The international community welcomed a deal recently signed between Azerbaijan and Armenia to end the ongoing conflict over the Armenian-occupied Nagorno-Karabakh region.
Britain welcomed the "agreement by Azerbaijan & Armenia to end the #NagornoKarabakh conflict," Foreign Secretary Dominic Raab wrote on Twitter Tuesday.
"They have made difficult decisions to prevent further loss of life," Raab said.
"We encourage all sides to continue working together for a lasting peace settlement in the interests of their citizens."
Iran also welcomed the peace deal between Azerbaijan and Armenia that ended six weeks of fighting in Karabakh.
Mahmoud Vaezi, chief of staff of the presidential office, tweeted that Iran believes the current crisis between Baku and Yerevan can be resolved politically through dialogue and in a manner that protects the rights of the peoples and borders of the two countries.
He expressed his hope that the cease-fire would sustain in the region, which is internationally recognized as Azerbaijani.
Pakistan on Tuesday congratulated Azerbaijan on the liberation of its territories from Armenian occupation.
"We congratulate the government and brotherly people of Azerbaijan on the liberation of their territories," said a Foreign Ministry statement.
The ministry expressed hope that this will lead to an era of "stability and prosperity" in the region and "will pave way for the return of internally displaced persons to their ancestral lands."
"Pakistan has consistently supported the resolution of Nagorno Karabakh dispute in accordance with international law and the relevant U.N. Security Council resolutions," it went on to say.
The trilateral agreement facilitated by Russia, the statement further said, offers a "renewed" opportunity for establishing peace in the South Caucasus region.
While the U.N. chief Antonio Guterres' spokesperson Stephane Dujarric had said "the secretary-general is relieved that the deal has been agreed to a cessation of hostilities. We are very grateful to the Russian authorities for what they have done. The sense of relief is really about the hope that this will end the suffering of civilians."
Meanwhile, the U.S. State Department said Washington was "happy to see an end to the violence" but "will be interested in learning more about the details and plans for implementation of this new arrangement."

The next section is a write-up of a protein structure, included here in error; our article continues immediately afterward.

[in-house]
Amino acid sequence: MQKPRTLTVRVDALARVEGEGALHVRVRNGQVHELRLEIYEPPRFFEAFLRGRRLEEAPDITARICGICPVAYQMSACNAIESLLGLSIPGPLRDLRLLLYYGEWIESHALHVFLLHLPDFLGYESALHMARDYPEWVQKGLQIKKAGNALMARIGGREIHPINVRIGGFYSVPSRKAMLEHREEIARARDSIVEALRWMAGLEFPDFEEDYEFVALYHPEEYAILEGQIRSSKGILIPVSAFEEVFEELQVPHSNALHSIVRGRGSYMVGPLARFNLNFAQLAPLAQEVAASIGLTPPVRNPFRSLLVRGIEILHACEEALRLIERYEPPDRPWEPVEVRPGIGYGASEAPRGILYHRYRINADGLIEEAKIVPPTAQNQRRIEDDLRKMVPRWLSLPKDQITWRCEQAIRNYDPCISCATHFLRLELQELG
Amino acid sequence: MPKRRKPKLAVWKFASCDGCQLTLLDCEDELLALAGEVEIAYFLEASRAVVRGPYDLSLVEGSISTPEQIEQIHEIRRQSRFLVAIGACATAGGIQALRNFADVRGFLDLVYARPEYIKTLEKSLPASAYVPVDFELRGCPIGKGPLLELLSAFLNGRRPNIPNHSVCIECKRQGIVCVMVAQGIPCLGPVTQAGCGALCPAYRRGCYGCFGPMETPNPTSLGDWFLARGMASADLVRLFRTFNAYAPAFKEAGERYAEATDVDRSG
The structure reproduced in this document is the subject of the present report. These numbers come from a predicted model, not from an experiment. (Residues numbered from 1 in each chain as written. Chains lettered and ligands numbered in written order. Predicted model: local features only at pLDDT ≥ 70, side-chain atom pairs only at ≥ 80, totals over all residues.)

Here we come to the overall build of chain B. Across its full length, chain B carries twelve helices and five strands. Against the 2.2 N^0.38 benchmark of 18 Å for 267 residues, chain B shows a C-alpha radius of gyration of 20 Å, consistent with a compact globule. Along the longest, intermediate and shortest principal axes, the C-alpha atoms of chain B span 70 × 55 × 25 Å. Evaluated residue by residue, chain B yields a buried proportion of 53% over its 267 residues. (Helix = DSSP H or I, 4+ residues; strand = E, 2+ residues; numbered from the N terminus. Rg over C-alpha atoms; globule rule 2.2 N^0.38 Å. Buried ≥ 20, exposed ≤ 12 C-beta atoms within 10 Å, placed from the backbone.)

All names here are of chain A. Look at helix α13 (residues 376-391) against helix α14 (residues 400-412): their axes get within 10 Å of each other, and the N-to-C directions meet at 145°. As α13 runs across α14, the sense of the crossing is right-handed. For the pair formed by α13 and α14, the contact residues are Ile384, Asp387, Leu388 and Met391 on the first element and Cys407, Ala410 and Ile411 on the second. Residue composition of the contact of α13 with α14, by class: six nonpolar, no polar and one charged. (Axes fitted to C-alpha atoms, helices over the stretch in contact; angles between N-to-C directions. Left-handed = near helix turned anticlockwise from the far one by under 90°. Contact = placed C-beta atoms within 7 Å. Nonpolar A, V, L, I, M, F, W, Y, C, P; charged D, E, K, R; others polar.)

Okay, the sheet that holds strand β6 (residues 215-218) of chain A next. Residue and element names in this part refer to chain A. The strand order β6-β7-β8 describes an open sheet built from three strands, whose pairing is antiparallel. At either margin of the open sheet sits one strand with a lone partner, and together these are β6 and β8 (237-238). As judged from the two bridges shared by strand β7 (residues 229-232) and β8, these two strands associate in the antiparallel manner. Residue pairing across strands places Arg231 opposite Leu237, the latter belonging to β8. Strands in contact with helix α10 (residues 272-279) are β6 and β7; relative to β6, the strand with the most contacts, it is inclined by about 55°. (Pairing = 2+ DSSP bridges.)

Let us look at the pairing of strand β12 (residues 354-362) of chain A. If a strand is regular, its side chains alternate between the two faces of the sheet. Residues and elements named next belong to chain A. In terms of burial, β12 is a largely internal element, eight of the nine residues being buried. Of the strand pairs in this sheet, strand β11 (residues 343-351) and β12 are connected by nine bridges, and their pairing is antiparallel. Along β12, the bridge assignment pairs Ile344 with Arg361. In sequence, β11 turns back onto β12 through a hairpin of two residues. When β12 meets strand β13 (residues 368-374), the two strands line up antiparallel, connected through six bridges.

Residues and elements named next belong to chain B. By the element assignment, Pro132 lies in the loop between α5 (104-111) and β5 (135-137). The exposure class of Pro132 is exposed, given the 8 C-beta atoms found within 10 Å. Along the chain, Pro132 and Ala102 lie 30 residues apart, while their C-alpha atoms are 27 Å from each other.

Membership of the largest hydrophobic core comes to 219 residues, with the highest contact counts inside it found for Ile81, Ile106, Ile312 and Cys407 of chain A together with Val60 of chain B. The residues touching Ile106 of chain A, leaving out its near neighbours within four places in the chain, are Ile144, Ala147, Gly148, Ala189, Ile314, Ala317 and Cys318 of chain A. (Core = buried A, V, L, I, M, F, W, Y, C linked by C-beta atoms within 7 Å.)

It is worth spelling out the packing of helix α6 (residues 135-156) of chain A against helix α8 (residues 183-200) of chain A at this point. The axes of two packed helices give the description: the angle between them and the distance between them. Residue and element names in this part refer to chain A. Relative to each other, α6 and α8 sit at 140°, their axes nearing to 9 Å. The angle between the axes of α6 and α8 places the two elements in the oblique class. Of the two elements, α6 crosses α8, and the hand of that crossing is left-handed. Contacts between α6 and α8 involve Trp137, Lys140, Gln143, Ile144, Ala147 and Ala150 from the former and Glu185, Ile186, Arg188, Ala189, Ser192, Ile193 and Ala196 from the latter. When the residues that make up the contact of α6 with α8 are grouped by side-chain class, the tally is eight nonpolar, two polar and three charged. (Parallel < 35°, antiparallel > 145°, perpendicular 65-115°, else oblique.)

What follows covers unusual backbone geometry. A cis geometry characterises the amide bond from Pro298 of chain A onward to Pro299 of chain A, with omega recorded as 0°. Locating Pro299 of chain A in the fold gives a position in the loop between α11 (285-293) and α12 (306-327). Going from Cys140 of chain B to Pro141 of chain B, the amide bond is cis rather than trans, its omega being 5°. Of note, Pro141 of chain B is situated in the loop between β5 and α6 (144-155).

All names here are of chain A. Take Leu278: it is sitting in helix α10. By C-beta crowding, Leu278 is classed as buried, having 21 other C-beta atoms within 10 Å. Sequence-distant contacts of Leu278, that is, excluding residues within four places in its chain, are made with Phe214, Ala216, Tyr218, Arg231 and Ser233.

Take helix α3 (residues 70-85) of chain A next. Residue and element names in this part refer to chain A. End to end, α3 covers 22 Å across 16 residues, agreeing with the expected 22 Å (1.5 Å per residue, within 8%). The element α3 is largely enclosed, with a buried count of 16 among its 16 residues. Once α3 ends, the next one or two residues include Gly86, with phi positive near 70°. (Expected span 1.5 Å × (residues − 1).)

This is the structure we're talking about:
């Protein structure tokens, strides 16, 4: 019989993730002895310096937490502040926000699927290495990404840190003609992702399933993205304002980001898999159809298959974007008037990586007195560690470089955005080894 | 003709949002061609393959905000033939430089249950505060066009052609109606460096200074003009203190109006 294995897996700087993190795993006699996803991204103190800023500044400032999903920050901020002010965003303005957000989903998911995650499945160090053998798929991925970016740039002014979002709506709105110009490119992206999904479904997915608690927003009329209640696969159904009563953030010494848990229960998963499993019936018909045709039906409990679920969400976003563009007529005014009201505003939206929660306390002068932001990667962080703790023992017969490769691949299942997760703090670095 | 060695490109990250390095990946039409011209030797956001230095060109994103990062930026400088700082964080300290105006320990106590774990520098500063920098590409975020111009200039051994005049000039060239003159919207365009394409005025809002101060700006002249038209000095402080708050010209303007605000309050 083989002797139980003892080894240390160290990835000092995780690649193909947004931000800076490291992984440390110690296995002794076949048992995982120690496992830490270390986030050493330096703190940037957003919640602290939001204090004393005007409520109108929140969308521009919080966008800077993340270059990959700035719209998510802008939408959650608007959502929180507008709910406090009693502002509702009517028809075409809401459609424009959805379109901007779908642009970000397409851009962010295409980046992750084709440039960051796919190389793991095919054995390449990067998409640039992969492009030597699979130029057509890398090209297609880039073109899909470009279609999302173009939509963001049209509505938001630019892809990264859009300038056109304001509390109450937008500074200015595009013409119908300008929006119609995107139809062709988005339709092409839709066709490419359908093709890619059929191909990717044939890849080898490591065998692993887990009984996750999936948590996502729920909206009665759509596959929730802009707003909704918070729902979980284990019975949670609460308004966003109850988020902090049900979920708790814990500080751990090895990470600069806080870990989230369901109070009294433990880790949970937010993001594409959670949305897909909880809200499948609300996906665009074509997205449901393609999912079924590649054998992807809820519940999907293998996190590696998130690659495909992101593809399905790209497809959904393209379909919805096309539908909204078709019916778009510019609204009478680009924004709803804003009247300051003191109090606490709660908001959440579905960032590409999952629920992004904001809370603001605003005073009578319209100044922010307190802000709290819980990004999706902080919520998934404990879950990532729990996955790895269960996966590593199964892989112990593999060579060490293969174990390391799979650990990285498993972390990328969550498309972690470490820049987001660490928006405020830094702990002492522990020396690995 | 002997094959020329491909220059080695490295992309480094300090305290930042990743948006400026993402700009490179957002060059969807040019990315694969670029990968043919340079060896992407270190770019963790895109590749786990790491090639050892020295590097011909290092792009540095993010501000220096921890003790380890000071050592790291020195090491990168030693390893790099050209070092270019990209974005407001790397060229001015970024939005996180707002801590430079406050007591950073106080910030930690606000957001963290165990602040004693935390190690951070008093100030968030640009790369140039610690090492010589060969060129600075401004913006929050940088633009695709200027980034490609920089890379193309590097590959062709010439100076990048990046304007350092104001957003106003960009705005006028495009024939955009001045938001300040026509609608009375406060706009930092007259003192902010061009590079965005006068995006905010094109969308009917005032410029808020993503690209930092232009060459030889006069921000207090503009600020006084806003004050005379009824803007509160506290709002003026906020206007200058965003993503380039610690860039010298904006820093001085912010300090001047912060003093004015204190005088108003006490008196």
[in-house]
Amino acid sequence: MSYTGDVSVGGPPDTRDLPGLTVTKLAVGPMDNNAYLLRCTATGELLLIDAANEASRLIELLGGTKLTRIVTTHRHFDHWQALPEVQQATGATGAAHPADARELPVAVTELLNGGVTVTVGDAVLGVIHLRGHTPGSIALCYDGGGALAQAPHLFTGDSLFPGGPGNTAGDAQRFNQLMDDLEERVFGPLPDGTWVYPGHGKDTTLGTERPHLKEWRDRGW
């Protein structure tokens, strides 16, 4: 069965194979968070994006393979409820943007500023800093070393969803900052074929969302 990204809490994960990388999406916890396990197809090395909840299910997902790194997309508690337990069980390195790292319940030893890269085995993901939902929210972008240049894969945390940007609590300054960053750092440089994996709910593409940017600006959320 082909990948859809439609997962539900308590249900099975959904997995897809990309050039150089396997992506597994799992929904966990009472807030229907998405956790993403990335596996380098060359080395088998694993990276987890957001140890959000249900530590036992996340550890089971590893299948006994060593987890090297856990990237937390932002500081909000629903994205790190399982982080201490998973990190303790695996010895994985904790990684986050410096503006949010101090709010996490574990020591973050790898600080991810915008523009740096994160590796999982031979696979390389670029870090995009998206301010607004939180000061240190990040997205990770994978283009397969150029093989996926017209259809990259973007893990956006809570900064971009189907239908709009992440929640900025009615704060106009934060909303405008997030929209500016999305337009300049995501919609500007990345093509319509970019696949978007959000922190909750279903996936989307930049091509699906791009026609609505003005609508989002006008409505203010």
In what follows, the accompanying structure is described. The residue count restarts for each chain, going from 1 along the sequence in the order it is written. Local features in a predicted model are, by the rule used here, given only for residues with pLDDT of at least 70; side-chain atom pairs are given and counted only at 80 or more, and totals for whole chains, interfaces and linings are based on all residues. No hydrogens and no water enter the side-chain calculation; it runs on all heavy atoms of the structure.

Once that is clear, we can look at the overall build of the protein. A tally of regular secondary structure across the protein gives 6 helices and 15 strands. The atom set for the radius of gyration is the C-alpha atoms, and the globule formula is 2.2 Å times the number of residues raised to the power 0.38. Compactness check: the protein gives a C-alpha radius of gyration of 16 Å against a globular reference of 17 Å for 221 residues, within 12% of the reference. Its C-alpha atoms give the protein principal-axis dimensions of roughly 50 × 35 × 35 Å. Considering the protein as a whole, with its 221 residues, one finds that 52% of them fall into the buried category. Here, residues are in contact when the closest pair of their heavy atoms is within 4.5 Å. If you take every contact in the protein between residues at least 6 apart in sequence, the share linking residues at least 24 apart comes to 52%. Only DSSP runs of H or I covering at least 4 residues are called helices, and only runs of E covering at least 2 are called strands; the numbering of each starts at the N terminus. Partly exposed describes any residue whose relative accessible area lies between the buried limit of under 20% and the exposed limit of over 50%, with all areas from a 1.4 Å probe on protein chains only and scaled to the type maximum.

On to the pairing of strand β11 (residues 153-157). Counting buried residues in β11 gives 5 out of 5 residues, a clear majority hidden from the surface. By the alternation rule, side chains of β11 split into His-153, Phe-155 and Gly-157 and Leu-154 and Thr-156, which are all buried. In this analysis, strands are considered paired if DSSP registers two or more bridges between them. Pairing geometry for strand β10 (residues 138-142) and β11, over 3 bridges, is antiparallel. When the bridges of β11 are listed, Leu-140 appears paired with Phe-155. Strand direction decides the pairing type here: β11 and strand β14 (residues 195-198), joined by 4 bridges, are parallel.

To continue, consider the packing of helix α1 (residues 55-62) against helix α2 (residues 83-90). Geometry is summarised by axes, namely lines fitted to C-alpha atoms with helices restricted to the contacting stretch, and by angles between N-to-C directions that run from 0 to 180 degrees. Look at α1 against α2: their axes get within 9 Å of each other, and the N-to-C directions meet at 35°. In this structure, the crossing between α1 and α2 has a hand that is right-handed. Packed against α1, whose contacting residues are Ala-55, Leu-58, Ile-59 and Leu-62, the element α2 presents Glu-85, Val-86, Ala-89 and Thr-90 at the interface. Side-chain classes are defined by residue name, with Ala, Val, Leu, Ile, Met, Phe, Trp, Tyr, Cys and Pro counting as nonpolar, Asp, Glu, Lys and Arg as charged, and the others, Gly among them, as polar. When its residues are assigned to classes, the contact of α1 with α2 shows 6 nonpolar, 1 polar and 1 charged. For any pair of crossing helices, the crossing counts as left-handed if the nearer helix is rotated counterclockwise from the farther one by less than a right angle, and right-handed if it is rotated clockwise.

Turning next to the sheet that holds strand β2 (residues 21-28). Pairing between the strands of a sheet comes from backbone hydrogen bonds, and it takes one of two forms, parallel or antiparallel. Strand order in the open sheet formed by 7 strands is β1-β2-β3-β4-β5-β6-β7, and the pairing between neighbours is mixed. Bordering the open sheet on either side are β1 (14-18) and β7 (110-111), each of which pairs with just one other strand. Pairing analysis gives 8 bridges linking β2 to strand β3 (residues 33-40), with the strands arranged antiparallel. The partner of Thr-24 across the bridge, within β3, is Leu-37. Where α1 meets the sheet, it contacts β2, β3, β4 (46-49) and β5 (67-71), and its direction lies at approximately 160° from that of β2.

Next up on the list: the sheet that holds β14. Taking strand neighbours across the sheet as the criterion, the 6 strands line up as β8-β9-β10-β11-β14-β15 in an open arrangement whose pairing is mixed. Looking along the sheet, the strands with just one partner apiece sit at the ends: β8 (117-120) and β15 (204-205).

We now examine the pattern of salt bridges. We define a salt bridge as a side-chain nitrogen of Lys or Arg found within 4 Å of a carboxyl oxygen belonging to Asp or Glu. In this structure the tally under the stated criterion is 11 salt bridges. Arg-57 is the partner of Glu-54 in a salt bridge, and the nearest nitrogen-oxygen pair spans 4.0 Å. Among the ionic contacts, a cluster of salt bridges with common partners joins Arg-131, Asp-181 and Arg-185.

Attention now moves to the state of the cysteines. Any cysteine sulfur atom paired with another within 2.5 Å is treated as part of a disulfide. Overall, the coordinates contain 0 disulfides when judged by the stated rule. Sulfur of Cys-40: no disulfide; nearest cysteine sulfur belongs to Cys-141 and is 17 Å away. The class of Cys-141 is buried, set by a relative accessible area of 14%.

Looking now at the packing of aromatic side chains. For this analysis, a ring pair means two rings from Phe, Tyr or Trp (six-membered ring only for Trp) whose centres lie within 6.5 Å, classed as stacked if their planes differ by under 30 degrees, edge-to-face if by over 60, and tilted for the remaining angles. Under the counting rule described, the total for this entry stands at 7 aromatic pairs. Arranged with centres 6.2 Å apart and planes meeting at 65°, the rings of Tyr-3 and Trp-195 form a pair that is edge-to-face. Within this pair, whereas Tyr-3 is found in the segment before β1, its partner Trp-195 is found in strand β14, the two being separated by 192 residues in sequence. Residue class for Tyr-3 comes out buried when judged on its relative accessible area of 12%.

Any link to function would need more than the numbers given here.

The French media, however, said the Nagorno-Karabakh issue constituted yet another failure for pro-Armenian, anti-Turkish France following failures in Syria and Libya.
The French daily L'Opinion said Tuesday that the cease-fire agreement and joint declaration manifested a heavy defeat for Armenia.
Underlining Turkish support to Azerbaijan and constant communication between President Recep Tayyip Erdoğan and Russian President Vladimir Putin, the daily claimed the West, including France and the U.S., was excluded from the "diplomatic game."
"Azerbaijani superiority over Armenia became clear in the opening days of the armed clashes. The efficiency of Russian equipment against Turkish technology stayed rather limited," the daily noted.
Putin announced early Tuesday that the two former Soviet republics have signed a deal to end the conflict in Nagorno-Karabakh.
Azerbaijani President Ilham Aliyev has hailed the agreement as a victory for his country, saying Baku's military success has enabled it to gain an upper hand to end the three-decade occupation of its territory.
The deal sparked celebrations in Azerbaijan but fury in Armenia, where protesters took to the streets to denounce their leaders for losses in the territory, which broke from Azerbaijan's control during a war in the early 1990s.
Armenian Prime Minister Nikol Pashinian described the agreement as "unspeakably painful for me and for our people," and Aliyev said it amounted to a "capitulation" by Armenia.
The full text of the deal showed clear gains for Azerbaijan. Its forces will retain control over areas liberated in the fighting, including the key town of Shusha, while Armenia agreed to a timetable to withdraw from large parts of Nagorno-Karabakh.
The Turkish leadership has also welcomed the truce, terming it a "great victory" for Azerbaijan.
Relations between Azerbaijan and Armenia have remained tense since 1991, but fresh clashes broke out on Sept. 27.
Armenia repeatedly attacked Azerbaijani civilians and forces for over 40 days, even violating three humanitarian cease-fire agreements.
Besides other towns and villages, Baku's liberation of the strategic city Shusha on Sunday had signaled that victory was imminent.
Russian began deploying 2,000 peacekeepers to Nagorno-Karabakh on Tuesday following the deal.
A Russian force of 1,960 military personnel and 90 armored personnel carriers will deploy to the region as peacekeepers, for a renewable five-year mission.
Aliyev said key ally Turkey would also be involved in peacekeeping efforts.
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